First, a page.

Tuesday, July 15, 2008
Too Much Perspective
Starting your day off with a tour of a memorial dedicated to the victims of a mass slaughter is not exactly a day brightener, but a Sunday visit to the Nanjing Massacre Memorial was an educational and--while very somber--a very worthwhile experience. The memorial and museum are built on the site of a mass grave (10,000 some remains) that was uncovered in the 1980s.
Its main aim is tell the horrific tale of six weeks in 1937 when the Japanese Imperial Army captured Nanjing and went a bloodthirsty rampage of looting, arson, rape, and murder. In total, some 300,000 Chinese civilians and captured soldiers were killed during that time by the Japanese. A story also recounted by Iris Chang in the book The Rape of Nanking: The Forgotten Holocaust of World War II.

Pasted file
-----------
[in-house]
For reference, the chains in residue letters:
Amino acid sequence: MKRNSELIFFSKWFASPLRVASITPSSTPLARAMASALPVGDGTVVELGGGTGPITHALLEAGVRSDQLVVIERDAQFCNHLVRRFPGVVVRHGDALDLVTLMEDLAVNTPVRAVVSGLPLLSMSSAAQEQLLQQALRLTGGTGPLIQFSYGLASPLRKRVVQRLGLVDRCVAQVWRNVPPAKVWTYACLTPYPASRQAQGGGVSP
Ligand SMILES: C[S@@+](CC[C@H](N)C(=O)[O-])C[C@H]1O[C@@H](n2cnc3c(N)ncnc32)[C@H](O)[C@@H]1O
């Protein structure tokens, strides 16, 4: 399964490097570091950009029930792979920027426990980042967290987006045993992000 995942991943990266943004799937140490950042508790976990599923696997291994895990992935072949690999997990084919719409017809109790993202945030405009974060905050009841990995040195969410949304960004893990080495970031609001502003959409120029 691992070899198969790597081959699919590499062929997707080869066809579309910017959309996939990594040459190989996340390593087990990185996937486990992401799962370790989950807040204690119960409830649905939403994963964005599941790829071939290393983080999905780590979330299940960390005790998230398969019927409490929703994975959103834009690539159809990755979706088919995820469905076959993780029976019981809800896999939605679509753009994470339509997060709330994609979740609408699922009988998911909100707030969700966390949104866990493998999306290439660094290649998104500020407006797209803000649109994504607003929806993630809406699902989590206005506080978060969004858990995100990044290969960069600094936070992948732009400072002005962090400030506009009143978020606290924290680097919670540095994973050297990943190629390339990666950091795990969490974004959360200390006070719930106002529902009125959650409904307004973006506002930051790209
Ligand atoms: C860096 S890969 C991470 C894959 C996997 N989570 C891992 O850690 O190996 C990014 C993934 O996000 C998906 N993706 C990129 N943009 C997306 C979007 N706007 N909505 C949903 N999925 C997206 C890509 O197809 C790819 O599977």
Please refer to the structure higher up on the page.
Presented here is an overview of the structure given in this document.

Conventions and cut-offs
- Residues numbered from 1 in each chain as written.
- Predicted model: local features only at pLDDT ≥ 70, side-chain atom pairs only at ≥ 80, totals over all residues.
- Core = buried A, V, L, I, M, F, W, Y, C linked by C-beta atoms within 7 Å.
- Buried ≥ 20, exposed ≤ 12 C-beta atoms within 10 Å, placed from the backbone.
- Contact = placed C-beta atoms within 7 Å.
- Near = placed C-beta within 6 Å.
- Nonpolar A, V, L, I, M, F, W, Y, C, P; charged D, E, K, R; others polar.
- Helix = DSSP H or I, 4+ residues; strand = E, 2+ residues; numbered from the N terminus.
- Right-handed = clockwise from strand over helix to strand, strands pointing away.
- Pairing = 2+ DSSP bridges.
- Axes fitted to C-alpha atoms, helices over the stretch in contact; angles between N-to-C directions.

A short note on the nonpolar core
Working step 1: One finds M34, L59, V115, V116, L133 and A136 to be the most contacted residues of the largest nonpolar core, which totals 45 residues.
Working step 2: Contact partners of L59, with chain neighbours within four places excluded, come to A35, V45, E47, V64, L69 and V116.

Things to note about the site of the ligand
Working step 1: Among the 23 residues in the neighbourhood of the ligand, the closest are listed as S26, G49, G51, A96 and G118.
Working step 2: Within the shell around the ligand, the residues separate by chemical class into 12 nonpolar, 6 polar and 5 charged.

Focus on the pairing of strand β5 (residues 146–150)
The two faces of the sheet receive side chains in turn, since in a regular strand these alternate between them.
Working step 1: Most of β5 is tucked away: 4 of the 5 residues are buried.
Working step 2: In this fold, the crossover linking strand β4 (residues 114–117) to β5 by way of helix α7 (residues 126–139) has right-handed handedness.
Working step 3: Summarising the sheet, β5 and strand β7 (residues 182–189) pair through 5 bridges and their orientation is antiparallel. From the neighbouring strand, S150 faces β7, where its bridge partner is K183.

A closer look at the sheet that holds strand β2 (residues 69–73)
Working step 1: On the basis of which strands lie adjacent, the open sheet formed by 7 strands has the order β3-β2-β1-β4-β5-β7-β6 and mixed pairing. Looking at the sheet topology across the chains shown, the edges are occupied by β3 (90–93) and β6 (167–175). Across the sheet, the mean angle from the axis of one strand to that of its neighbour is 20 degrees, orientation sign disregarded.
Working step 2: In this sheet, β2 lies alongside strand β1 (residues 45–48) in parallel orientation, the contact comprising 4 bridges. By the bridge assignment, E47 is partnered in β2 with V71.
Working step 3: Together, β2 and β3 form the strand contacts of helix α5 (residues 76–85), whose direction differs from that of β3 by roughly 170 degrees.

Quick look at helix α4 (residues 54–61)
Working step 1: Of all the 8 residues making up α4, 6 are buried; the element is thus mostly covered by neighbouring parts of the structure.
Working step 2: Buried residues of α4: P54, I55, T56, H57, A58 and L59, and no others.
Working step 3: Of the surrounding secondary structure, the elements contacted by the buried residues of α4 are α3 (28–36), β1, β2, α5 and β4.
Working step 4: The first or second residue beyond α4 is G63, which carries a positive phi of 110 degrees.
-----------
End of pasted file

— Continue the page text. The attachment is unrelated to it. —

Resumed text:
There's also sections on the history of Sino-Japanese conflict, the post-war justice meted out to those who lead the Japanese atrocities, and stories of foreigners in Nanjing who tried to limit the carnage and save the lives of Chinese civilians. That brave group included American missionaries, Red Cross workers, and diplomats among others.
In an interesting irony of history, some of the most forthright defenders of the citizens of Nanjing were German officials and businessmen. There are many pictures of refugees being escorted to safety under the protection of the Nazi flag. There is also a letter of commendation to John Rabe--one such German savior and leader of the local branch of the Nazi party to boot--from Herr Adolph Hitler himself on display.
Upon leaving the memorial, one feels a mixture of sadness at the horror just witnessed and relief. For in that particular environment, I was glad that I was not Japanese. You can understand why some of the locals are a bit hesitant about buying a Toyota.